A Library for a Post-Electricity Future

Just in case you need to do your own dental extractions, Survivor Library has you covered.

Just in case you need to do your own dental extractions, Survivor Library has you covered.

A recent episode of WNYC’s On the Media took a look at what would happen if a solar flare or electomagnetic pulse zapped our access to the Interwebs. What will we do when we can’t Instagram our taco platters?

One of the segments of the show profiles Rocky Rawlins, who runs a fantastic website, survivorlibrary.com. The library is a trove of pre-electricity how-to books, everything from building your own steam engine to beekeeping, navigation, parlor games and much more. Most of the books in the library date to the 19th century.

Since Survivor Library is in an electronic format, you’ll need to either print it out or build your own Faraday cage if you want to use these books after the next Carrington event.

I was particuarly excited to find, in the Survivor Library, a digitized version of the 1911 Encyclopedia Britannica. Good riddance Wikipedia!

011 Cleaning, Long Crowing Roosters and Water Storage

Kosova long crowing rooster chick. Image: Wikimedia.

Kosova long crowing rooster chick. Image: Wikimedia.

In the eleventh episode of the Root Simple Podcast, Kelly and I discuss our new house cleaning routine, long crowing roosters and we answer a reader question about emergency water storage.

Cleaning
Apartment Therapy post on cleaning: How to Clean Your House on 20 minutes a Day for 30 Days.

Erik references the importance of processing your inbox, an idea learned from a book Getting Things Done by David Allen.

Long Crowing Roosters
The Wikipedia article on long crowing roosters.

A youtube playlist of long crowing roosters.

Musical break
“Banty Rooster Blues” by Charley Patton.

Listener Question: Water Storage for Emergencies
A correction to the podcast–the Food Safety Advisor is not free to download, but the information on water storage that I reference can be found here.

Amazon link to the water storage container we use.

If you want to leave a question for the Root Simple Podcast please call (213) 537-2591 or send an email to [email protected]You can subscribe to our podcast in the iTunes store and on StitcherThe theme music is by Dr. Frankenstein. Additional music by Rho. A downloadable version of this podcast is here.

Is Ham Radio Useful?

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The BaoFeng UV-5RE.

Last year I got my general and technician amateur radio licences thanks to an easy to learn memory trick. But when it comes to actually using a radio I don’t have a clue. To learn more I joined my local club and took part this last Friday in a contest, using the club’s equipment, to talk to Hams worldwide. The contest involved the quick exchange of call signs. One moment I’d be talking to Japan the next Slovenia, the Azores, Brazil, Venezuela, Mexico, New Zealand–the list of countries went on and on.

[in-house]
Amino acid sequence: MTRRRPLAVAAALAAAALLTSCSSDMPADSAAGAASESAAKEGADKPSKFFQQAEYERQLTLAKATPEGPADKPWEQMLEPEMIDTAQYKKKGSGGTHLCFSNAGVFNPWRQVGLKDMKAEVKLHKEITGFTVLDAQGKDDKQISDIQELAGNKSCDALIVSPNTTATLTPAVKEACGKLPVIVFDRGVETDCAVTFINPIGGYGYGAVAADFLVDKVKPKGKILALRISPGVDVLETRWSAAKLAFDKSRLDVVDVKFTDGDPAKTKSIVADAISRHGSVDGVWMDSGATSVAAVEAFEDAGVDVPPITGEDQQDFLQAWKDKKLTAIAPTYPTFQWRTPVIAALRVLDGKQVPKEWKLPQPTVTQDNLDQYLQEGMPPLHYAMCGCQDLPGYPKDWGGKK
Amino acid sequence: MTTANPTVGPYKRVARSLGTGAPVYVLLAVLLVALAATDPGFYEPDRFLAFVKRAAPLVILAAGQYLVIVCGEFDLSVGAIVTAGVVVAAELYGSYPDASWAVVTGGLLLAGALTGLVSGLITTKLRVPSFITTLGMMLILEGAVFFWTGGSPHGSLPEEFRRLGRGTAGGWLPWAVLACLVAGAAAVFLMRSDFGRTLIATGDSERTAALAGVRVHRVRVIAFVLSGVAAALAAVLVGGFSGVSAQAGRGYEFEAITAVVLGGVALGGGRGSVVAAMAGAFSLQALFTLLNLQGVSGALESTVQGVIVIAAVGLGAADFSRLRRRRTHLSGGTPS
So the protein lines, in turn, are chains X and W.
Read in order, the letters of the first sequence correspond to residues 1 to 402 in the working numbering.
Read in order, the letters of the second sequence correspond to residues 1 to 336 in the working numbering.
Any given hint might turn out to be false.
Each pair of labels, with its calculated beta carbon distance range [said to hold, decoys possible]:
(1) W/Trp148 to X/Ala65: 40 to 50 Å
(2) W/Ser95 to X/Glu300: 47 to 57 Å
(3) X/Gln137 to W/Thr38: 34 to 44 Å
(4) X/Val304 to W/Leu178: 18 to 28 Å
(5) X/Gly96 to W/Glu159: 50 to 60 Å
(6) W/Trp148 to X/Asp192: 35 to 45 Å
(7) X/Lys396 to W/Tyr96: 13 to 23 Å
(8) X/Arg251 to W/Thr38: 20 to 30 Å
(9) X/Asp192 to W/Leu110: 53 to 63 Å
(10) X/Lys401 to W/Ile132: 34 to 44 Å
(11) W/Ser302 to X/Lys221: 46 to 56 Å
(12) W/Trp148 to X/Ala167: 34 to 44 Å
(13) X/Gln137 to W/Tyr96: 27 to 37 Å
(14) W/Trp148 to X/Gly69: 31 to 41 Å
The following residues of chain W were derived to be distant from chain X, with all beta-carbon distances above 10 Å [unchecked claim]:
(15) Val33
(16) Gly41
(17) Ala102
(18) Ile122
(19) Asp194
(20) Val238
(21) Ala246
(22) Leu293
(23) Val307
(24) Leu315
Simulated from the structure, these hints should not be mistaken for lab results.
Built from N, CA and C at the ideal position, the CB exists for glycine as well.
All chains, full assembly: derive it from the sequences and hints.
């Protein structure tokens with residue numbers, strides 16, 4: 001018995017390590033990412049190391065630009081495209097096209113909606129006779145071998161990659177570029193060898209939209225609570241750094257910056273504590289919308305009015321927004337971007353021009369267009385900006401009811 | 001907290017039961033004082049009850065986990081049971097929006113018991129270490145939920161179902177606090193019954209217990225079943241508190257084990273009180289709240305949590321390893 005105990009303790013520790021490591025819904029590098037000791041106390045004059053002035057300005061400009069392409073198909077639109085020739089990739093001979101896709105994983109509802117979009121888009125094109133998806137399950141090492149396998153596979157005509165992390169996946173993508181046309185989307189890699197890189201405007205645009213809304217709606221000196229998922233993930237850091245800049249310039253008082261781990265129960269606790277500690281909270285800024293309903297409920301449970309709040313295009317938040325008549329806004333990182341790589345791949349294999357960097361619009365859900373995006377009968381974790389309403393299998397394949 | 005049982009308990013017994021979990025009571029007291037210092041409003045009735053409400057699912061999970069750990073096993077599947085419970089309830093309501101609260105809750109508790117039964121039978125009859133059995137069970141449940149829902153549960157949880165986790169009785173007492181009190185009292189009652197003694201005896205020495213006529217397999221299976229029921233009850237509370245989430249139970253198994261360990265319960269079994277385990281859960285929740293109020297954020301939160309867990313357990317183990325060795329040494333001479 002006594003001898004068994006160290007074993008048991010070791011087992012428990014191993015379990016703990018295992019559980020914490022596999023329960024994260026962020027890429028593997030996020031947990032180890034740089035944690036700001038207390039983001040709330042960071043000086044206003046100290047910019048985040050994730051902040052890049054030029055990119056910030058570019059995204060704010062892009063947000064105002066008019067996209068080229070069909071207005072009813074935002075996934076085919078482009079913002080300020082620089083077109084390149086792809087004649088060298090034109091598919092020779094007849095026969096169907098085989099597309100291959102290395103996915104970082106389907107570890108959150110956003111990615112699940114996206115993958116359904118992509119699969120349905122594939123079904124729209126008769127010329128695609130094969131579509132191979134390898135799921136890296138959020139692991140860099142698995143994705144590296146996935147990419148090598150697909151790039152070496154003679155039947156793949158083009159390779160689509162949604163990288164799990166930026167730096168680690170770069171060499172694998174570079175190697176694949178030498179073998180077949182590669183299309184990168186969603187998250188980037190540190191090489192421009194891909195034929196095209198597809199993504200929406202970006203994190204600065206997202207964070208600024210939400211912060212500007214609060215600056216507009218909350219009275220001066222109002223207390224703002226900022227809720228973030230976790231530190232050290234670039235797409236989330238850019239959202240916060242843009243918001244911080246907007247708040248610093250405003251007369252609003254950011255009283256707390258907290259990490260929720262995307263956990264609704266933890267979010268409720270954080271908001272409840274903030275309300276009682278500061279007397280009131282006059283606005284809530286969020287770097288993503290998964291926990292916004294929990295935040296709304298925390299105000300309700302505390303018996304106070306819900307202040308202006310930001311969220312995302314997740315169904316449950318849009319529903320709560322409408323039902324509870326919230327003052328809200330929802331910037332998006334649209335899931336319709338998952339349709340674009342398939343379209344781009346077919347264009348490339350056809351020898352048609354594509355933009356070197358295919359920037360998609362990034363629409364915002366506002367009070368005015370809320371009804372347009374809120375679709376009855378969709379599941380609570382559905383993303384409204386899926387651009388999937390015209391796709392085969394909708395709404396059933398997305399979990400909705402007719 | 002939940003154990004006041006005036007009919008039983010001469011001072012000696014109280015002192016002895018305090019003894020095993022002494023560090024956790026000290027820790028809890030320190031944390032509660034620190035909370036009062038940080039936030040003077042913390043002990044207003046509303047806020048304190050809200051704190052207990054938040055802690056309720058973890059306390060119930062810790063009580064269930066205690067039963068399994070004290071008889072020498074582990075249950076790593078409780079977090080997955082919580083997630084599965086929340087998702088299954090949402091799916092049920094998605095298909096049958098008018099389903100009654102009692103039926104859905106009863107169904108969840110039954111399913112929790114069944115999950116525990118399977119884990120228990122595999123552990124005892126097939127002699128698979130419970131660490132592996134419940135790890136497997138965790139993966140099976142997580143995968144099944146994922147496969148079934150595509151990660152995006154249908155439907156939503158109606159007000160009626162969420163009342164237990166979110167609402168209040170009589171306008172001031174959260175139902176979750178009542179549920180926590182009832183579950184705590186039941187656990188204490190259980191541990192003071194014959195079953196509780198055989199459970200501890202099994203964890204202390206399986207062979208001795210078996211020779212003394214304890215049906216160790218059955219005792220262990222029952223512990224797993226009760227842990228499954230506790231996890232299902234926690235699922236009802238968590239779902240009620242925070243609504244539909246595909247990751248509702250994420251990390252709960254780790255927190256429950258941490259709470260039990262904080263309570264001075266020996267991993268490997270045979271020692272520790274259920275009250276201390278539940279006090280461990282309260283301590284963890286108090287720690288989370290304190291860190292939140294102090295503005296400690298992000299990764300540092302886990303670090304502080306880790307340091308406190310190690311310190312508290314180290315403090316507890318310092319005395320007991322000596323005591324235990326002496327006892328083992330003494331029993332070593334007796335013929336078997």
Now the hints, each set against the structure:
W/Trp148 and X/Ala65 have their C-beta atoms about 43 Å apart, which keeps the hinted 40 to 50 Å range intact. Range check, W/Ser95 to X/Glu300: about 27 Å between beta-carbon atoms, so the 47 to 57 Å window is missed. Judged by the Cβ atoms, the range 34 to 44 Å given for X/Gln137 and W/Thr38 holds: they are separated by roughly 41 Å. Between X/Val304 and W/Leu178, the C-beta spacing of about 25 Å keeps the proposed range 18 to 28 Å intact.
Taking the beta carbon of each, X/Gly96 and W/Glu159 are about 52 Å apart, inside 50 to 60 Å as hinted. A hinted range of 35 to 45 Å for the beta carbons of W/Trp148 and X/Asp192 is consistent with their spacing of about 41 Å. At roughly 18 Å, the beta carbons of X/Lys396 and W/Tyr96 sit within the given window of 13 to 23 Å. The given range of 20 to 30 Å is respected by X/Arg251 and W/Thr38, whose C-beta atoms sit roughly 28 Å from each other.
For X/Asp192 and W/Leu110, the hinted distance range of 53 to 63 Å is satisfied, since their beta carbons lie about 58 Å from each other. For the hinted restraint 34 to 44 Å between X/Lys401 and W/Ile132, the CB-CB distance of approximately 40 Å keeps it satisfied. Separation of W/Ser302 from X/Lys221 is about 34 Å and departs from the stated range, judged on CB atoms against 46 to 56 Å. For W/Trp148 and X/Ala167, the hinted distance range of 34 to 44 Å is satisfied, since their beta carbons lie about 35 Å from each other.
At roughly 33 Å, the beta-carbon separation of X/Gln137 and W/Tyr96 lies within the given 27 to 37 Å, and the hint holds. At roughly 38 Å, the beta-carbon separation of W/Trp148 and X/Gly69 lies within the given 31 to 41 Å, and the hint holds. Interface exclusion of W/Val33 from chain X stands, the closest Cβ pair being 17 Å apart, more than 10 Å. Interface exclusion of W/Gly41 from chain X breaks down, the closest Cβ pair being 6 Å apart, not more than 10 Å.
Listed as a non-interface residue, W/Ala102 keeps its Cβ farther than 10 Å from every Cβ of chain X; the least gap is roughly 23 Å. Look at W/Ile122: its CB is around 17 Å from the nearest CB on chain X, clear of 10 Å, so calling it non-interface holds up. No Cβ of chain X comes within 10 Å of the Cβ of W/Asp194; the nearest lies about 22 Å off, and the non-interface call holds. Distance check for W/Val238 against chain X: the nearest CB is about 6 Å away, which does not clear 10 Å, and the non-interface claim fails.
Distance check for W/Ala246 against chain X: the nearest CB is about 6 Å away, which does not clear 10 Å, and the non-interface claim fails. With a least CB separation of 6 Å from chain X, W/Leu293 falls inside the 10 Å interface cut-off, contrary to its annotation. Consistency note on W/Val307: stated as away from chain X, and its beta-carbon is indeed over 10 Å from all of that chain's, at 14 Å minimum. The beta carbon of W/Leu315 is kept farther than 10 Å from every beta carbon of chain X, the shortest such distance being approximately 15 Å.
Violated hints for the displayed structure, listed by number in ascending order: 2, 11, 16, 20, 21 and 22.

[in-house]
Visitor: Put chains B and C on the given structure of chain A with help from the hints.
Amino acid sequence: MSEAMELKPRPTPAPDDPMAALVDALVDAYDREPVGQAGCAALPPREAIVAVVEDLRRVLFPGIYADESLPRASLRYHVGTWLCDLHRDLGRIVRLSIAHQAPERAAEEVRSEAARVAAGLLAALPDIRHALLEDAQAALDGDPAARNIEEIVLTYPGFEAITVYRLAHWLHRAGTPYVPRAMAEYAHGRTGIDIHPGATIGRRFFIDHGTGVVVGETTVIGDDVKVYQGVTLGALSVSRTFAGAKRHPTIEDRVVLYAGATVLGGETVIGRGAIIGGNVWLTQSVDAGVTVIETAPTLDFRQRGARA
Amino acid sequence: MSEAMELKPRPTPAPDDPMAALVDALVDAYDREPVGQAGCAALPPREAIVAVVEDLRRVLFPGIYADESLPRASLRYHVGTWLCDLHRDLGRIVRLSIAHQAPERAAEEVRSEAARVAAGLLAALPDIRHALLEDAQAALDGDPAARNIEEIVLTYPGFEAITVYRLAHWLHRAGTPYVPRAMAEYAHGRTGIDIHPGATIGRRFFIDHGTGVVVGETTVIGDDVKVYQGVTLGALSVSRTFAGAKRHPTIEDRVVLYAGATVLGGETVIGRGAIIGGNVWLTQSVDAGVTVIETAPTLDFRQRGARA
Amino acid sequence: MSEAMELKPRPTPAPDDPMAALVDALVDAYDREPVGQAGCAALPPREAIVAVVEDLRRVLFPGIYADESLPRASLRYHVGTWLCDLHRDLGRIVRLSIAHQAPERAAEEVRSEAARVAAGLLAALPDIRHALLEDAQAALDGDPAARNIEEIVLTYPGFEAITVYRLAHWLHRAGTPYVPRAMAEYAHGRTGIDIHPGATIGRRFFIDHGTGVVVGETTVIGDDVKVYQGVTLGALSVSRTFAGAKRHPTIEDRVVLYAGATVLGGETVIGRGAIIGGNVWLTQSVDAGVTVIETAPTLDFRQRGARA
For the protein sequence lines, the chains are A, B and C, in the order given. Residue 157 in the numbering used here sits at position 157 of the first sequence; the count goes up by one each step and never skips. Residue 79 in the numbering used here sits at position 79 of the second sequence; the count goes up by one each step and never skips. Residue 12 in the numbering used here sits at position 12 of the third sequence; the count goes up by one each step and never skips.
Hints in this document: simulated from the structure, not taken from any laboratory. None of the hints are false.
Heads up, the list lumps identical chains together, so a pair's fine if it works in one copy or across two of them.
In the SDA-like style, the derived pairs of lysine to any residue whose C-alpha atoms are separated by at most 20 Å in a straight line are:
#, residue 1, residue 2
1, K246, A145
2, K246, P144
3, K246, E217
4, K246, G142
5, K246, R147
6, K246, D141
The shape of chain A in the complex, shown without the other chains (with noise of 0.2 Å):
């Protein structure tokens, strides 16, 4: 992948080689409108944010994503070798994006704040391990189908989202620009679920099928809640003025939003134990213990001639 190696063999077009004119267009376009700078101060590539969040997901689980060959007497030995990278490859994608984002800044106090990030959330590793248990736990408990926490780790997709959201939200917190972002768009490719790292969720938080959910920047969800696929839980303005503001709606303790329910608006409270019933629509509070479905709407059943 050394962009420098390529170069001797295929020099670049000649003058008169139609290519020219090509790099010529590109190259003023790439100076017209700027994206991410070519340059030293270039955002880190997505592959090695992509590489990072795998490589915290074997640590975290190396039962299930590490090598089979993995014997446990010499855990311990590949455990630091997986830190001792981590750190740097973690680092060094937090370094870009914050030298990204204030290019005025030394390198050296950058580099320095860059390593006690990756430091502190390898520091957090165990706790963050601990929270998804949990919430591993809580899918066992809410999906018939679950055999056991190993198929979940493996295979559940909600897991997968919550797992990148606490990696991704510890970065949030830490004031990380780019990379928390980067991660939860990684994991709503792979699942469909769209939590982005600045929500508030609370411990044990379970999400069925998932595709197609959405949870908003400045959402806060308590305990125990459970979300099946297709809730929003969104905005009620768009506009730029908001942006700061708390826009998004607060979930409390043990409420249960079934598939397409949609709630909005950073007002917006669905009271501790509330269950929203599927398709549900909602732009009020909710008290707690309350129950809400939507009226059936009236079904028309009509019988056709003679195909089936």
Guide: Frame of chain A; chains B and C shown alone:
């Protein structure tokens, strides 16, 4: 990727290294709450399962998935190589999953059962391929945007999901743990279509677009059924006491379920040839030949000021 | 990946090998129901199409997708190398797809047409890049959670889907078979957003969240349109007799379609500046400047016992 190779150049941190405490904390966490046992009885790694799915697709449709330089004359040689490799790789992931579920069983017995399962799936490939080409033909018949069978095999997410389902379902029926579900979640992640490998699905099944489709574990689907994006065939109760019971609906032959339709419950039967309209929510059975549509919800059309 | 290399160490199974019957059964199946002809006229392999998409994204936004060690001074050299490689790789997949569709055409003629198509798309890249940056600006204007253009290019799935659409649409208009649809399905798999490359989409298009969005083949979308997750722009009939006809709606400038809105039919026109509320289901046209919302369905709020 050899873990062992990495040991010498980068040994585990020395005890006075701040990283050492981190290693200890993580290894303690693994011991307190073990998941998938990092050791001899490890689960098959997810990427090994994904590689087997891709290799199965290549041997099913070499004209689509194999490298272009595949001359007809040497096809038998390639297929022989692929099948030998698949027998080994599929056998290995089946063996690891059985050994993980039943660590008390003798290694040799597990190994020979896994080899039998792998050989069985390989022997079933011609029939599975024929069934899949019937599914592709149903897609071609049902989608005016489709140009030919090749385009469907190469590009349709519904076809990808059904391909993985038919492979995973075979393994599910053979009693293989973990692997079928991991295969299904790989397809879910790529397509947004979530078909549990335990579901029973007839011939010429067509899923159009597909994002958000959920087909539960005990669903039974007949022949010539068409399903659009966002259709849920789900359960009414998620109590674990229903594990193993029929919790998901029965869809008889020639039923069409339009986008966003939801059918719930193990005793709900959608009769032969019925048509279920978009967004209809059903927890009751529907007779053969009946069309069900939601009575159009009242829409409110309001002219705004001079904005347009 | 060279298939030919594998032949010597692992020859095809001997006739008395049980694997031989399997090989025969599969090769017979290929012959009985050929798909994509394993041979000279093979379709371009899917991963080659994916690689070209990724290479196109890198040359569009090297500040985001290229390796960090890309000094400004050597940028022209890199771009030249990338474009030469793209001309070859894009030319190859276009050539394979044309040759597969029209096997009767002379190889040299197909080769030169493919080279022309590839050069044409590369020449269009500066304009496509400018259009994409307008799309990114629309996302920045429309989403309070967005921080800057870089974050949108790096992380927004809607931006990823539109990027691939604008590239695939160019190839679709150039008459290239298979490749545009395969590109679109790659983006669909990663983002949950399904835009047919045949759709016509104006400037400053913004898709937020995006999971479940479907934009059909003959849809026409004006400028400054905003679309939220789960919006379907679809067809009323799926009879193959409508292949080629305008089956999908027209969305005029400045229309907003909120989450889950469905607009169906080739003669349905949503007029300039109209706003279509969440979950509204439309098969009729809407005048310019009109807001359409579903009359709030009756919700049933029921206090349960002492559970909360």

I spent three hours in the club’s radio room, located in the emergency communications center at the offices of a local hospital. It was fun, but the utility of the exercise was not immediately apparent. The cell phone system is a lot more robust than it used to be and you don’t need a licence to use a phone in an emergency.

I got home from the contest around 9 pm and as I began to make dinner the windows started rattling and the house began to roll. It was an earthquake. The cats panicked and ran under the couch. Since Ham radio was on my mind I instinctively grabbed my handheld radio and immediately heard the voices of other Hams discussing the earthquake. It was then that I realized how useful amateur radio could be. Not only did I get instant information about the earthquake, but I also had access to a network of people who could help me and my neighbors in a real emergency.

The cats? Not so useful. It took about a half hour for them to emerge from their hiding spaces.

In an emergency it’s a good idea to have a radio and know how to use it. And you don’t have to be a Ham to listen to Ham frequencies. Thanks to cheap imported electronics you can now get a radio that receives and transmits on Ham bands, works as a scanner and even transmits on FRS (family radio service) frequencies–all for $40–the BaoFeng UV-5RE. The Survival Podcast did a whole episode on radios you should have in an emergency and the BaoFeng features prominently in the pantheon of zombie apocalypse communications equipment discussed on that show. I can’t speak from experience about the BaoFeng as I have a Yaesu FT-60. But, combined with a battery operated AM/FM radio, the BaoFeng would make a nice addition to your emergency supplies.